13. Tousi

    Tousi Well-Known Member

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    Makes me wonder how is it that many (if true) deafies fell thru the cracks....I guess they could be mostly oralists.
     
  14. jasin

    jasin New Member

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    Please don't mock me. There is nothing wrong with having voice or being able to use it. Voicing is natural and perfectly normal. I myself just prefer to use American sign language as its our language.

    I can't really say how I aquired a better voice then most hearing people, but I can attribute it to one or all of the following 1. the 6 years of speech therapy they forced on me in elementary school. 2. The 15 or so years of being hard of hearing when I was hard of hearing. 3. My very big English vocab that I picked up in grade 2 when we studied the dictionary. 4. all the English classes I took in college 5. the residual hearing I still have
     
  15. jasin

    jasin New Member

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    I cannot speak for others or speculate on that but I'll tell you how I fell through the cracks.

    1. Mom did not accept me as deaf because the doctors would not label me deaf even though I was deaf according to every hearing test I had done. They said I just could not hear well and stuck hearing aids on me.

    2. There was only one school here that accepted deaf and hard of hearing and it was almost 3 hours away and no one even told us about it or that I could go to it.

    3. The school system, when I was in it, was not educated in the complexities of hearing loss they just labeled everyone learning disabled and stuck them in special ed classes.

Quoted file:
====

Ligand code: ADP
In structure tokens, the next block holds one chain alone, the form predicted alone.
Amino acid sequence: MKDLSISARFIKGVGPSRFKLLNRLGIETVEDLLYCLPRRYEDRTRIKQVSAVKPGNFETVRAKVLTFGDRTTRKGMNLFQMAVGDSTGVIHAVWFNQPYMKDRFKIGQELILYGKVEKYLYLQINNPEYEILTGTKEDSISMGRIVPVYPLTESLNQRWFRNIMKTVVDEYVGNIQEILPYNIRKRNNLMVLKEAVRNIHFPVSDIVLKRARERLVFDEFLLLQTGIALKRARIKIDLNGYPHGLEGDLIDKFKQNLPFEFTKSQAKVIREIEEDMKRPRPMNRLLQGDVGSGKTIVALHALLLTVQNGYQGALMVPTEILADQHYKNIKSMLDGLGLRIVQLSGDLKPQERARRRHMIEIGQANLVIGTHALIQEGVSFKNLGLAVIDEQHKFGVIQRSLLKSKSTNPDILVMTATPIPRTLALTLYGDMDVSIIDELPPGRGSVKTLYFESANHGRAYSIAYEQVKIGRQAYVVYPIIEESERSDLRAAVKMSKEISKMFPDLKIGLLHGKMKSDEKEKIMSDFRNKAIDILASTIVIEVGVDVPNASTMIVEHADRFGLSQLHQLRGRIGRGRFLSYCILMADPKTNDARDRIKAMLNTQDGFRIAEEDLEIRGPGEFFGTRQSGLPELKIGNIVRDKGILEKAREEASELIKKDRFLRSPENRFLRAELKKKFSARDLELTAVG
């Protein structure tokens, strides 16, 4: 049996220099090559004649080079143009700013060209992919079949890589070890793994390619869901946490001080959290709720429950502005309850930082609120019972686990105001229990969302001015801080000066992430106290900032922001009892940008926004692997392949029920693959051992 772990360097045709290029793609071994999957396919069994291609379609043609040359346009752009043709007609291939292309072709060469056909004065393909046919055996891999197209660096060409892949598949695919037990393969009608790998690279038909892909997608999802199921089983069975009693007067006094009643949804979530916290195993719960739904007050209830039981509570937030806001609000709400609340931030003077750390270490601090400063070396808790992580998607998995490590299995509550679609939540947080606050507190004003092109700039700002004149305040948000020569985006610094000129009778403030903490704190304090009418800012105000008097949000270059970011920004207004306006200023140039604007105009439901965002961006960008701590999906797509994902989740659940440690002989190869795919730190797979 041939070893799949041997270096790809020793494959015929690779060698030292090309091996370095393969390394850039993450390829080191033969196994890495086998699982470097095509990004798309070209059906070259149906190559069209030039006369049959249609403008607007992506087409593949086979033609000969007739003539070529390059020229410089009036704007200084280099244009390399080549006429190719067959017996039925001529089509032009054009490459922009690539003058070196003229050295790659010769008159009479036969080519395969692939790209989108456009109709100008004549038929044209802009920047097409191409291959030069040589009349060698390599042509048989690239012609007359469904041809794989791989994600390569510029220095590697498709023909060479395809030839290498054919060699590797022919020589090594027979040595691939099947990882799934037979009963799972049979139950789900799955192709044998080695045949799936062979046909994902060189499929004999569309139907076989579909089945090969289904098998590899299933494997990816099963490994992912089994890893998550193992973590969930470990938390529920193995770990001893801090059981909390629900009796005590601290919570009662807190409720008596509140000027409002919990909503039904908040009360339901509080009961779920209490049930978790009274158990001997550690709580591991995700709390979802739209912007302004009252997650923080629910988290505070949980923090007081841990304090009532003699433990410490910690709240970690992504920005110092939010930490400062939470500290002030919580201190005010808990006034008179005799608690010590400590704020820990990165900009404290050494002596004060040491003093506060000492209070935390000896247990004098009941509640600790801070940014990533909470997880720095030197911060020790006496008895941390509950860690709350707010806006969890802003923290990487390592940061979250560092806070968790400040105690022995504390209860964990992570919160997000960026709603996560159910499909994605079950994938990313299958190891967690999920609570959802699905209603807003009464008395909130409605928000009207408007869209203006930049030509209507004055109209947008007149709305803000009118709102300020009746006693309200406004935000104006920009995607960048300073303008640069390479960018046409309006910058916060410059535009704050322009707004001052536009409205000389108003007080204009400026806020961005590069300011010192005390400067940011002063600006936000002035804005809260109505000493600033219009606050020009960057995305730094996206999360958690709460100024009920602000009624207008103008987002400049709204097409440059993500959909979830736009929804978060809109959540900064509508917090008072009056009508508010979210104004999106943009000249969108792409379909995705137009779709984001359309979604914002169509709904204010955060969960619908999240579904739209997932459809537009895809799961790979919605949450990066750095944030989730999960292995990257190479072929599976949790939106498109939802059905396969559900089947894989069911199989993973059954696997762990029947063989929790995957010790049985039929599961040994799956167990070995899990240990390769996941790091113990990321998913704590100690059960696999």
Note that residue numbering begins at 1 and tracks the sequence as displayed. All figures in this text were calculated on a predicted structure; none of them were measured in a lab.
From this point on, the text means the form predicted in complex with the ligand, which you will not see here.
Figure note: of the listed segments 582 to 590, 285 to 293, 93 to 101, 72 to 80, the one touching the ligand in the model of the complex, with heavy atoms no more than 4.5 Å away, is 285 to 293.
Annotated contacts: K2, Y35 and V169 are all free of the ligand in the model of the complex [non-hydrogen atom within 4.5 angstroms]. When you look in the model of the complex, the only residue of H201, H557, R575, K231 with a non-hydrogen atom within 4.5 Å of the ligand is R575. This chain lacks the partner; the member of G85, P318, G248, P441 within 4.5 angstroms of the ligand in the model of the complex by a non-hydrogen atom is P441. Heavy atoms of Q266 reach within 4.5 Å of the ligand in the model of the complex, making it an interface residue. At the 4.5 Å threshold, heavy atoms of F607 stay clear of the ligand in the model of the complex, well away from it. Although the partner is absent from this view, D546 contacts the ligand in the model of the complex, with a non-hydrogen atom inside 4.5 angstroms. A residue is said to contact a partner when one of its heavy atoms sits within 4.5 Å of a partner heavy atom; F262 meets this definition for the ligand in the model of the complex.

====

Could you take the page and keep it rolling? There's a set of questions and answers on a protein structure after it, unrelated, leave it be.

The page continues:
16. Tousi

    Tousi Well-Known Member

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    Not really mocking you, man. I have never revealed this but, I, too, speak very well....well enough that all understand me but I have been around a long time and this is the first time I have heard of a hearing loss person (especially a life-long loss) say that they "talk/speak better than most hearing people". That just doesn't compute. But I'm glad, at any rate, that it has apparently helped you to the extent it has.
     
  17. Tousi

    Tousi Well-Known Member

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    Were you signing at this point in your life?
     
  18. jasin

    jasin New Member

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    Nope! 100% oral and hearing aids.
     
  19. JennyB

    JennyB New Member

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    I am Deaf and I did take (and still do, mostly along side of hearing friends) take ASL courses through community colleges and stuff. If they are teaching it right being Deaf shouldn't matter at all. I know many are, and should be, voice free zones. It doesn't matter if you are HOH, Deaf, deaf, hearing...whatever, you should be able to learn in that environment.

    I was the only D/deaf/HOH student in the vast majority of my ASL classes. The teachers were mostly Deaf themselves as well so it was never a problem.
     
  20. jasin

    jasin New Member

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    In the classroom they'll teach you textbook Asl and you cannot go wrong signing like that. However, most native signers sign nativly not with what's learnt out of a textbook.

    With textbook signing you have to do all that eyebrows up and down stuff and go up and down on certain letters with finger spelling. That is all a big part of signing this way.

    Native signing though, you rarely see any of that. With native signing, which is how most of us deaf sign ... you will see lots of facial expressions and people signing physically how they naturaly sign, which is different from person to person.

    I am taking up sign myself too. I registered for Asl 221 at the local college here for the fall quarter. It was formerly Sign 201, which is the same as Sign 4 and Asl 4. I unlike most deafs, never learnt sign language from childhood or birth; even though, I am a native signer and sign very fluently.